Tuesday, June 12, 2007

Iraq War inquiry demanded

Tories demand Iraq war inquiry

Matthew Tempest, political correspondent

Monday June 11, 2007 (6 pm)

Guardian Unlimited

The Conservatives today demanded a full-scale inquiry into the Iraq war and its aftermath - warning that without a swift investigation the government could dispose of embarrassing evidence.

William Hague, the shadow foreign secretary, insisted there should be an in-depth inquiry into the war before it was too late.

And in a damning display of distrust in the Blair government, he told MPs the investigation must happen before "memories fade, documents are shredded and emails become untraceable".

Although the call in the Commons will go to a vote later tonight, the government's majority means it stands no chance of being forced to agree to such a investigation - despite the backing of the Liberal Democrats, the nationalist parties and even some Labour backbenchers.

The normally loyal Labour MP Chris Bryant backed the call for an inquiry, although he said it should go further and be a full independent inquiry by parliament rather than just the privy council.

The foreign secretary, Margaret Beckett, faced ire from MPs when she branded the call for a rapid investigation "self-indulgent".

Mrs Beckett was heckled loudly as she said the inquiry would "divert attention" from the current war effort in Iraq.

The government points to the four inquiries that have already been held into Iraq or surrounding issues.

They are an inquiry in 2003 by the foreign affairs select committee, an inquiry by the PM-appointed security and intelligence committee, the Hutton inquiry into the circumstances around David Kelly's death and the Butler inquiry into the intelligence failures in the lead up to the conflict.

Although the Tories backed the original decision to go to war, today Mr Hague demanded that the government bow to the "gathering consensus" there needed to be another inquiry.

He was joined by his party leader, David Cameron, who made a show of sitting alongside Mr Hague in the Commons even though the prime minister - who had earlier briefed MPs on the G8 summit - had left.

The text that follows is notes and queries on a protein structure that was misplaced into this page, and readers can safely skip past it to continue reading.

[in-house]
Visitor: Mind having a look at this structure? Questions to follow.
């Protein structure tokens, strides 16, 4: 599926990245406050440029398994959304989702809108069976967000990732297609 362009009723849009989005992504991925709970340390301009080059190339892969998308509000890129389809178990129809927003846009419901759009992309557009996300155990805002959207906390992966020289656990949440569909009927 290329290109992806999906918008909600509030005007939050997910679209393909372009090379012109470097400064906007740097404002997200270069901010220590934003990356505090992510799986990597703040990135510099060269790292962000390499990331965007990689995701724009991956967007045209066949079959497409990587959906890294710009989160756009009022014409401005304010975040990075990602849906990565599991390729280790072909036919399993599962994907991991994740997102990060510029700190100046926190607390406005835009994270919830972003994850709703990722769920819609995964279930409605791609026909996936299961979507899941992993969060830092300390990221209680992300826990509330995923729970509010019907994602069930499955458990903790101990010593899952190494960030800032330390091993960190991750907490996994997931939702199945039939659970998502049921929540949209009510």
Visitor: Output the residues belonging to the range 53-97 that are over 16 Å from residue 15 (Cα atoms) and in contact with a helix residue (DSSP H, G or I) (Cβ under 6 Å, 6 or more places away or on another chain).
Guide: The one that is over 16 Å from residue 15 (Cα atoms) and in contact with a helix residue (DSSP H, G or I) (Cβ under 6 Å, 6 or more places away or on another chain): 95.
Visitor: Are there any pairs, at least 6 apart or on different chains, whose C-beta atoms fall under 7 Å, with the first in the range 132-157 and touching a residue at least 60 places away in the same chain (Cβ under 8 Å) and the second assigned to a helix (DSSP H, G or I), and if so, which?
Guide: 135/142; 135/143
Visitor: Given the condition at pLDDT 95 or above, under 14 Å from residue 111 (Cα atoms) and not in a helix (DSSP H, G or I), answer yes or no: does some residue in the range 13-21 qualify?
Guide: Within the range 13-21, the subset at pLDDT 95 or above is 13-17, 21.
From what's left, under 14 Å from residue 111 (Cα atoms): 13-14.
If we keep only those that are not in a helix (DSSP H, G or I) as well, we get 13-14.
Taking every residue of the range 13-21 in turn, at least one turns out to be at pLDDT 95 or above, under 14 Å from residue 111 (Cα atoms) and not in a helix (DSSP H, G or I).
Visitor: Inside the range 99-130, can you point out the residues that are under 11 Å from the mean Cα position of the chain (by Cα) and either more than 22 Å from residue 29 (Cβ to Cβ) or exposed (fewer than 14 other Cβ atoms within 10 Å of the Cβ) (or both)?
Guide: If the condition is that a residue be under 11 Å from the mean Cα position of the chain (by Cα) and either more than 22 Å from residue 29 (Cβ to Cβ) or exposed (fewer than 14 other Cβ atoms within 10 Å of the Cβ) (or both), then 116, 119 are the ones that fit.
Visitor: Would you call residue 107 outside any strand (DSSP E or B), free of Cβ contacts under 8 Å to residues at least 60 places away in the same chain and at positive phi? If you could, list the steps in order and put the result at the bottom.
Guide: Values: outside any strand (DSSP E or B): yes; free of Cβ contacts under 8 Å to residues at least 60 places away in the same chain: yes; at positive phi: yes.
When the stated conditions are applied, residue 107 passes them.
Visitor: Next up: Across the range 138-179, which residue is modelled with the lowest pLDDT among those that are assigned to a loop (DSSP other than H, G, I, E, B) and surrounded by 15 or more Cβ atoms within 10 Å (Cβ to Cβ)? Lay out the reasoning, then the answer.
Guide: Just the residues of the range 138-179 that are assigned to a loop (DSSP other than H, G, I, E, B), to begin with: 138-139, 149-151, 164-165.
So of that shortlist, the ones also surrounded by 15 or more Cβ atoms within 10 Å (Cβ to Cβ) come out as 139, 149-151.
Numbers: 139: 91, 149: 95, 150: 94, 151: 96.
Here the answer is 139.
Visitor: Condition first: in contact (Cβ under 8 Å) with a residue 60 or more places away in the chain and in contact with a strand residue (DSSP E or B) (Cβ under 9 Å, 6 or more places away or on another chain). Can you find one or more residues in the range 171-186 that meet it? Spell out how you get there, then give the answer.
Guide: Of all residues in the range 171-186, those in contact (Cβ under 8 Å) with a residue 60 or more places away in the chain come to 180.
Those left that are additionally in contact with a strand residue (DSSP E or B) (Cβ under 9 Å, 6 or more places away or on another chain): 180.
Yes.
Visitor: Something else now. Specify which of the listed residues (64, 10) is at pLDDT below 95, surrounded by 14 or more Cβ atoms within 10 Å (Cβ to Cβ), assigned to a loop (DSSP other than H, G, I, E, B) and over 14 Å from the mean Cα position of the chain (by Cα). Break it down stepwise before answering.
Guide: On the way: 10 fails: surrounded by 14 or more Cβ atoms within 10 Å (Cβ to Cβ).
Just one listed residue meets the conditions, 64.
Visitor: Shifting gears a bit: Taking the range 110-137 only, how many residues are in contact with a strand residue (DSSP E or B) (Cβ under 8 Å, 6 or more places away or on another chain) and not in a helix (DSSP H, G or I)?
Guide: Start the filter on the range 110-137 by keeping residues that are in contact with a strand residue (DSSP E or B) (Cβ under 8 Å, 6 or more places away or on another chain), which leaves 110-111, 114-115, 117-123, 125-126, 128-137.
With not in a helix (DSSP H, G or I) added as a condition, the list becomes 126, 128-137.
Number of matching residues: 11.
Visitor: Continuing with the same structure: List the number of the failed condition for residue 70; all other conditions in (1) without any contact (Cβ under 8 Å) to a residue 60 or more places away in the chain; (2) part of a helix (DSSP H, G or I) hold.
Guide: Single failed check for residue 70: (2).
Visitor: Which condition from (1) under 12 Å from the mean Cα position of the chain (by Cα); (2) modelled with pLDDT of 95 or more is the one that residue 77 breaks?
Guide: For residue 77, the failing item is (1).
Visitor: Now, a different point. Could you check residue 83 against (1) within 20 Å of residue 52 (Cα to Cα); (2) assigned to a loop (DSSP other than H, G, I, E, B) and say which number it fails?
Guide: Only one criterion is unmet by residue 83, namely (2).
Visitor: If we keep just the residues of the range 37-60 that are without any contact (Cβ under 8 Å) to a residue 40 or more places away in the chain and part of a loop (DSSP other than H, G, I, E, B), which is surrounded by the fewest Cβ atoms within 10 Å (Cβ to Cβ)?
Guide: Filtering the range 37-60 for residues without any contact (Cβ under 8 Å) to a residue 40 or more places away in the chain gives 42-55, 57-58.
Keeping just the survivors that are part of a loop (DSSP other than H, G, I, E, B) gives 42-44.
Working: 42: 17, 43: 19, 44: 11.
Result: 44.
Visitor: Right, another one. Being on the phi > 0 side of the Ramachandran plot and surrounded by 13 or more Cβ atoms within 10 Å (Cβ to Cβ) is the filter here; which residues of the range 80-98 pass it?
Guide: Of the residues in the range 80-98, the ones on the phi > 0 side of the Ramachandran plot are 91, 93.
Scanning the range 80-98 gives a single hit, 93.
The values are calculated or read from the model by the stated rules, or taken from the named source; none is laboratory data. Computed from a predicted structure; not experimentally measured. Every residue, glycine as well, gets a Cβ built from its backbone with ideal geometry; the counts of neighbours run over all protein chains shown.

Mr Hague said the war was "one of the most controversial and difficult issues of our time" and that success in Iraq had proved "progressively more elusive".

He proposed setting up a privy council inquiry, which would begin taking evidence "in the near future", while troops are still in Iraq.

Mr Hague said: "None of us in this house should turn our face against a major inquiry into what has happened.

"This government and future governments need to learn the lessons and the country needs to be assured that they will have done so.

"No adequate reason remains for the government to refuse to establish such an inquiry to begin its work in the near future."

The Tories want both the run up and the aftermath of the war to be subject to the examination by privy councillors - essentially a cross section of senior MPs and cabinet ministers.

Mr Hague insisted that would be non-partisan, and that the inquiry's conclusions, if not all its evidence, would be made public.

Mrs Beckett said the government's view was that "there would come a time when these issues will be explored in the round" but while troops are actively engaged in Iraq "it would be wrong to launch such an inquiry".

The debate in the Commons came as Gordon Brown made a surprise visit to Baghdad, where he pledged to take any future political involvement out of intelligence matters, and promised MPs would have a vote on military action in future.


The motion to force the government to hold an inquiry was rejected by 288 votes to 253.



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